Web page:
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Smart swaps to nourish a healthy smile.

Chew on this: The same foods that are healthy for your whole body may be good for your grin too. That’s because strong teeth and healthy gums depend on nutrients — like calcium, phosphorus and vitamin C — that can be found in a balanced diet.

What’s that?

A well-balanced diet includes:

  • A variety of fruits and vegetables.
  • Whole grains, like oats, barley and brown rice.
  • Lean sources of protein, such as soy, fish and skinless poultry.
  • Calcium-rich foods, like kale, and low-fat or fat-free dairy.
  • A small amount of healthy fats, like those in olive oil and nuts.
  • Plenty of water.

For a healthy smile, you may also want to limit added sugars — and cut back on snacks between meals.

Easier said than done? Here are 3 simple swaps that may help:

Out: Slow sips | In: Quick rinse.

Instead of nursing a sweetened drink for hours, giving sugar time to damage your teeth, sip water between meals. And if you can’t brush after you eat, rinse out your mouth with water.

If your drinking water has fluoride, that’s even better. It may help your mouth fight tooth decay. But if fluoridated water isn’t available where you live, your dentist can talk with you about other ways to get it.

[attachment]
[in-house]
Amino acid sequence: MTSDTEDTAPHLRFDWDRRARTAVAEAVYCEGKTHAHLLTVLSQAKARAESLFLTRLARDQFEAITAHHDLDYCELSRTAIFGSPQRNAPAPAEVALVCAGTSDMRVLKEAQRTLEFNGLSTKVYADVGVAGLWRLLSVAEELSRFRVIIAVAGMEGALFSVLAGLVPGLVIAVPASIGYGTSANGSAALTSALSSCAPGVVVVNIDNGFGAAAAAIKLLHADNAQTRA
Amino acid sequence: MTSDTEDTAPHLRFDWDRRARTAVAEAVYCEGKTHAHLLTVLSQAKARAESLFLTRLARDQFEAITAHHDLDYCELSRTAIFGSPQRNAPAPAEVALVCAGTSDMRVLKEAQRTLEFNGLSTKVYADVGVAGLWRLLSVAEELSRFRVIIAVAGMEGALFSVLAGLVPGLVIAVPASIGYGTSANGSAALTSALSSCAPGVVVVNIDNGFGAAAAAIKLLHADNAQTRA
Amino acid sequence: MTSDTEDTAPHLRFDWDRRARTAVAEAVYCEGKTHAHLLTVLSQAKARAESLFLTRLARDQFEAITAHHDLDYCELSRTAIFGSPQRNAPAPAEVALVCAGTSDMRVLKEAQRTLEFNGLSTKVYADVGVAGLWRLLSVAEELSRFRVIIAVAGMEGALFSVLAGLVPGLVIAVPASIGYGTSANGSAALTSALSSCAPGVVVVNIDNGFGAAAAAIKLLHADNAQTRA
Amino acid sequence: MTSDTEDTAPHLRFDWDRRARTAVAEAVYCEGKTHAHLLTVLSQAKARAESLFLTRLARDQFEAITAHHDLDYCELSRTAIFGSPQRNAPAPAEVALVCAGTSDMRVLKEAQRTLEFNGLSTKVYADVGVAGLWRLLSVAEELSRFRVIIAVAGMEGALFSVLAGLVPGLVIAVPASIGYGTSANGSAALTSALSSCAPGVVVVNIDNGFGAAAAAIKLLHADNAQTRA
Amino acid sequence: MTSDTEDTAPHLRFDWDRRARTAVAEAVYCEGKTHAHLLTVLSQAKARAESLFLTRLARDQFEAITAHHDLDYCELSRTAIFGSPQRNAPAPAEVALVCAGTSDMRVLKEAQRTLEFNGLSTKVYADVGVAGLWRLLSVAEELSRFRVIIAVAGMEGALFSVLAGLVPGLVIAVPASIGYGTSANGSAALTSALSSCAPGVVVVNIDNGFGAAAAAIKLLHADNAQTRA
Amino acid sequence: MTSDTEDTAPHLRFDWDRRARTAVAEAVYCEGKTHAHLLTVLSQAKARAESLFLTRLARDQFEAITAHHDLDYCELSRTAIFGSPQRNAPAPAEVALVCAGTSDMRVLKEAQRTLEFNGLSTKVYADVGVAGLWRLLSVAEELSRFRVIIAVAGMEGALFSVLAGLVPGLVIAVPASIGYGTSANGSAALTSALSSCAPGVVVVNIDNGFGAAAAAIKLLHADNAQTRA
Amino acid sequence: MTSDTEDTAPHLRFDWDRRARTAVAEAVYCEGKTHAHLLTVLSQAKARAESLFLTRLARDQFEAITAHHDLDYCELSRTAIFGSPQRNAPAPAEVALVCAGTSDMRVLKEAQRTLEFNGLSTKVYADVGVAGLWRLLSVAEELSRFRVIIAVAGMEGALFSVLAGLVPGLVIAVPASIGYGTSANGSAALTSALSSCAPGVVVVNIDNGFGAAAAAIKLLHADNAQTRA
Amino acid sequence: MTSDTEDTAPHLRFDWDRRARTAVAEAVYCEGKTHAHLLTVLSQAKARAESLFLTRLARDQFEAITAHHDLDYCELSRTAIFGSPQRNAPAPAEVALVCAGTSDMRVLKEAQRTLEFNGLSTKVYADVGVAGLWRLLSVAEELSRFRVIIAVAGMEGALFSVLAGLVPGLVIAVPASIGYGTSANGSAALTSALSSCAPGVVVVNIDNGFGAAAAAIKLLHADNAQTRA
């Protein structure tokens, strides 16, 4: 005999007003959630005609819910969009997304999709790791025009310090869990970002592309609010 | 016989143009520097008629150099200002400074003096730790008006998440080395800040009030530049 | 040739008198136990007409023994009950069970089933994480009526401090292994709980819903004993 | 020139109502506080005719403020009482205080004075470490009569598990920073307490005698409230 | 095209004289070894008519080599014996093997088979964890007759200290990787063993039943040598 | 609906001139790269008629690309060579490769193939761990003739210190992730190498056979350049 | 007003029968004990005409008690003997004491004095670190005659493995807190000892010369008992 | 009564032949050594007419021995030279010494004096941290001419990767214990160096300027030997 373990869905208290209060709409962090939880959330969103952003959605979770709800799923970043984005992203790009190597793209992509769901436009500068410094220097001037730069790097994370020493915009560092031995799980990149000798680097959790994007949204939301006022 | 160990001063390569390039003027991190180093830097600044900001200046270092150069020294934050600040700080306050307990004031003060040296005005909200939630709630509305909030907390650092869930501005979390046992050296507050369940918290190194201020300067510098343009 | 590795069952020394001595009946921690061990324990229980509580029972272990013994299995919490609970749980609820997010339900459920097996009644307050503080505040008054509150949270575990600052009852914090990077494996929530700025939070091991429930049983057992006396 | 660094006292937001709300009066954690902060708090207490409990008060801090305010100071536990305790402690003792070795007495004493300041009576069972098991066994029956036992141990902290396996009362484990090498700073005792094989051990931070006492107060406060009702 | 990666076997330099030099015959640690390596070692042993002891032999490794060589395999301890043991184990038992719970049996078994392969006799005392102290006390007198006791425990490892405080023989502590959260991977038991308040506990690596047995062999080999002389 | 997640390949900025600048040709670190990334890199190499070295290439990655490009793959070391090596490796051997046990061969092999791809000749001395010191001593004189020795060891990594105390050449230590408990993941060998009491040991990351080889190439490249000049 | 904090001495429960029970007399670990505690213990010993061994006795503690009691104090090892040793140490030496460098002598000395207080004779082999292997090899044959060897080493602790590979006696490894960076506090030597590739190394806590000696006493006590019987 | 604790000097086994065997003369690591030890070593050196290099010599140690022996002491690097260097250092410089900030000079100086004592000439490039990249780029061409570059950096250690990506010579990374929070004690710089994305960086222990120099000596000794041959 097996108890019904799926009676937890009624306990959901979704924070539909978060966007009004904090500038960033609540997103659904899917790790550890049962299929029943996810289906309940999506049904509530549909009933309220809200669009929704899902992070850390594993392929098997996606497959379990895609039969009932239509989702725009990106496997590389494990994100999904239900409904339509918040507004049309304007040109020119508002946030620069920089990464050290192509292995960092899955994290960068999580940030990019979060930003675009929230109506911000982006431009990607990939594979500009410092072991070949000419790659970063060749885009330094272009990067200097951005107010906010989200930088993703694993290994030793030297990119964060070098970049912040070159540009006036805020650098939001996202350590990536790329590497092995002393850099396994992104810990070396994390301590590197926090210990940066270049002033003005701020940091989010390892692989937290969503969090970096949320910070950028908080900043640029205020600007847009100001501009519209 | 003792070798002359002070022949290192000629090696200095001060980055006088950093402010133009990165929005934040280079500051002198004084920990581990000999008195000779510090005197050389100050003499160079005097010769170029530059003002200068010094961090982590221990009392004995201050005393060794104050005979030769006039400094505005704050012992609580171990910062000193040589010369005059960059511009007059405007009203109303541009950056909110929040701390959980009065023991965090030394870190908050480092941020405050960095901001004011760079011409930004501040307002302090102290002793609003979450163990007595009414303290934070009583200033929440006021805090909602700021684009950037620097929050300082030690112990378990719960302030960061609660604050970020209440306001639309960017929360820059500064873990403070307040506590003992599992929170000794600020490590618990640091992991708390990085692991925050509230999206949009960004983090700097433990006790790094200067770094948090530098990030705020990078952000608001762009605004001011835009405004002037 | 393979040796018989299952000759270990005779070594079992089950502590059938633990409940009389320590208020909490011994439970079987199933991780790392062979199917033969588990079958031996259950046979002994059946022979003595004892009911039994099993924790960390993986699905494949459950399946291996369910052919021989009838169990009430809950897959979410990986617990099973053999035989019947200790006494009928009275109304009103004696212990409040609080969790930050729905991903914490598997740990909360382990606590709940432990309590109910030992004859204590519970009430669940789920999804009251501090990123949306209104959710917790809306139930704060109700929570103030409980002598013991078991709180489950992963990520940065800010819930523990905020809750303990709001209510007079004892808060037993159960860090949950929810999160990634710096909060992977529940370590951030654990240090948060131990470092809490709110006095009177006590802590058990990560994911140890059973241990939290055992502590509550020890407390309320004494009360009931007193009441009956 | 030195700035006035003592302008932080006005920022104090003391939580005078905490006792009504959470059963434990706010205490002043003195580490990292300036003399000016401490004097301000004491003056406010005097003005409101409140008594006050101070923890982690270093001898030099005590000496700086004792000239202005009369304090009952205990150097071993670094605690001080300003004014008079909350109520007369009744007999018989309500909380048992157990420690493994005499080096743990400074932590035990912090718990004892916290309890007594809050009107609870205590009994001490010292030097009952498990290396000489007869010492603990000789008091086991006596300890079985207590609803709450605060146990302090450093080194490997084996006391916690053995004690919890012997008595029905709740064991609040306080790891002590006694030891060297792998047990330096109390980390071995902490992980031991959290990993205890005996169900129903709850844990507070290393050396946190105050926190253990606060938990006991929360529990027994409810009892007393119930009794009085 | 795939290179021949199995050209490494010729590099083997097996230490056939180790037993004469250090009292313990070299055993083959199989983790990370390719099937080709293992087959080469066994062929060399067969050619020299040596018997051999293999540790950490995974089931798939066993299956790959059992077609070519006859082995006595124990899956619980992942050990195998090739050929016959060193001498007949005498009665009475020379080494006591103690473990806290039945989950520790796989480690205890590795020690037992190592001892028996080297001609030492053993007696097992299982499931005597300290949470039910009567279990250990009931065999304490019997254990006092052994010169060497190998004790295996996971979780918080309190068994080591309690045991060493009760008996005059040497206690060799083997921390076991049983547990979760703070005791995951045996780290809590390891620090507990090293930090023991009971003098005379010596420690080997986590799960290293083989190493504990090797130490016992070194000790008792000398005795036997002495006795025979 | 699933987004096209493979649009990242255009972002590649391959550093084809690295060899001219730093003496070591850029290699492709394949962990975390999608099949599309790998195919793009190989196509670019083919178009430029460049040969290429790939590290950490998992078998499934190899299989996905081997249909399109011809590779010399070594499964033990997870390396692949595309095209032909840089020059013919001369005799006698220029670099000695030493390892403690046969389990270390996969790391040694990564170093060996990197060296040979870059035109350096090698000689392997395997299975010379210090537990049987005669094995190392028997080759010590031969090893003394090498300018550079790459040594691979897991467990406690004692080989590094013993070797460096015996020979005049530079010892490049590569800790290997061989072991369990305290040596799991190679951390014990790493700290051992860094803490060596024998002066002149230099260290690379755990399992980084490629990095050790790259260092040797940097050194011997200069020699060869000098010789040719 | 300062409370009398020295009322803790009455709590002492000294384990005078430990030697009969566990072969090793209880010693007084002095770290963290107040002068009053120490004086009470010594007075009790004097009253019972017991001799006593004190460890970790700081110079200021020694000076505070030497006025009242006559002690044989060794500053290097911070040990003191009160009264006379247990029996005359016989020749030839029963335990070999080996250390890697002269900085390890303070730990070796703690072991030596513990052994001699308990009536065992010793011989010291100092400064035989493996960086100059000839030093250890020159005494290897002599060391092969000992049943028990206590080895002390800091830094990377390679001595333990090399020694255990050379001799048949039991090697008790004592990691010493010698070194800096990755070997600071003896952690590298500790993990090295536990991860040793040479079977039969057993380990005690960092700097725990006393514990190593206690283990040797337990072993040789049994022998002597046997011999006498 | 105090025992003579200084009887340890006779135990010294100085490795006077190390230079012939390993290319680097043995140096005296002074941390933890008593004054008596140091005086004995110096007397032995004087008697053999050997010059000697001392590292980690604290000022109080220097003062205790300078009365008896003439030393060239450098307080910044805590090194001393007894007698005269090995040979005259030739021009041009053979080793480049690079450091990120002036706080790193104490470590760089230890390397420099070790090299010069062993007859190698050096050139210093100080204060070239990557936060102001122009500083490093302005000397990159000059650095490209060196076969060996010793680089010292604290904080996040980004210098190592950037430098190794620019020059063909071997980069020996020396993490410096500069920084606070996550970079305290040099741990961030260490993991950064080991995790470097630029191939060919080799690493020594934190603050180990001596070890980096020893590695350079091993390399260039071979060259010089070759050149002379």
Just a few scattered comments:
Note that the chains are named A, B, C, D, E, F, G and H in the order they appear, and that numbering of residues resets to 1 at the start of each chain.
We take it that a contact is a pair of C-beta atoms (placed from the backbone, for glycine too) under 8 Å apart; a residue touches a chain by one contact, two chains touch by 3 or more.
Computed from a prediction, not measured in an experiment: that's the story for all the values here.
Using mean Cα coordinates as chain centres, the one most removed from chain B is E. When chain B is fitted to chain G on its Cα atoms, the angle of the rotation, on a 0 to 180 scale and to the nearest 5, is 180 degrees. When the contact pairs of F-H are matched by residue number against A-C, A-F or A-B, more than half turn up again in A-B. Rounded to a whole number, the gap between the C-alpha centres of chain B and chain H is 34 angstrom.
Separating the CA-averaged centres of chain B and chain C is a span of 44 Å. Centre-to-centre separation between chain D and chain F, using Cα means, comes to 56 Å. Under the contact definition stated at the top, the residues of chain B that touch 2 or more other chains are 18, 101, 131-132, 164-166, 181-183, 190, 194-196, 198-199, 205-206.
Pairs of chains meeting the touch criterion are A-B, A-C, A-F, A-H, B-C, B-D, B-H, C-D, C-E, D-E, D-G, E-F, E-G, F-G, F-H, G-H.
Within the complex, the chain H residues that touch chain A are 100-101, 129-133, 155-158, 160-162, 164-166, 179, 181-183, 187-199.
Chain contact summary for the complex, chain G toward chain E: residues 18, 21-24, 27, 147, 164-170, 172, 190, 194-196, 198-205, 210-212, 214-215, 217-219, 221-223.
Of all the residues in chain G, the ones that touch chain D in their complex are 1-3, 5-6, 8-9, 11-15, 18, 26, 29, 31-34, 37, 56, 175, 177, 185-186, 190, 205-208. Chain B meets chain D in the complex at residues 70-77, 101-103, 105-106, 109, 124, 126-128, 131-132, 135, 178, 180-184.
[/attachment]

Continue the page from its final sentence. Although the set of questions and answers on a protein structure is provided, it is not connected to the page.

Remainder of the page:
Out: Empty calories | In: Mini meals.

Snacks that are packed with fiber and protein may be more satisfying, which might help you snack less between meals.

Aim to combine different food groups when you snack. Enjoy whole-grain crackers with low-fat cheese, for instance, or dip carrot sticks in hummus.

Out: Hard or sticky sweets | In: Sugarless gum.

To satisfy a sweet tooth, chew on a stick of sugarless gum. Chewing stimulates saliva, which helps cut down on acid in the mouth. And that may help you avoid cavities. Bonus: There’s some evidence that products containing artificial sweeteners like xylitol may even help repair damaged enamel.*

What to do next

Ask your dentist what else you can do to keep your smile bright, white and healthy. Regular checkups are a covered part of your UnitedHealthcare Dental plan. Go to My UHCOpens a new window® or the Health For Me® app to find a dentist in your network.

*Source: Prathibha Anand Nayak, Ullal Anand Nayak, Vishal Khandelwal. The effect of xylitol on dental caries and oral flora.Opens a new window Clinical, Cosmetic and Investigational Dentistry. 2014; 6:89–94.

Additional sources: Academy of General Dentistry; Academy of Nutrition and Dietetics; American Dental Association; American Heart Association; National Institutes of Health; U.S. Department of Agriculture

The information provided is for educational purposes only. If you have a UnitedHealthcare Dental plan, please refer to your certificate of coverage for a full description of benefits.

Last reviewed January 2018

© 2018 United HealthCare Services, Inc.

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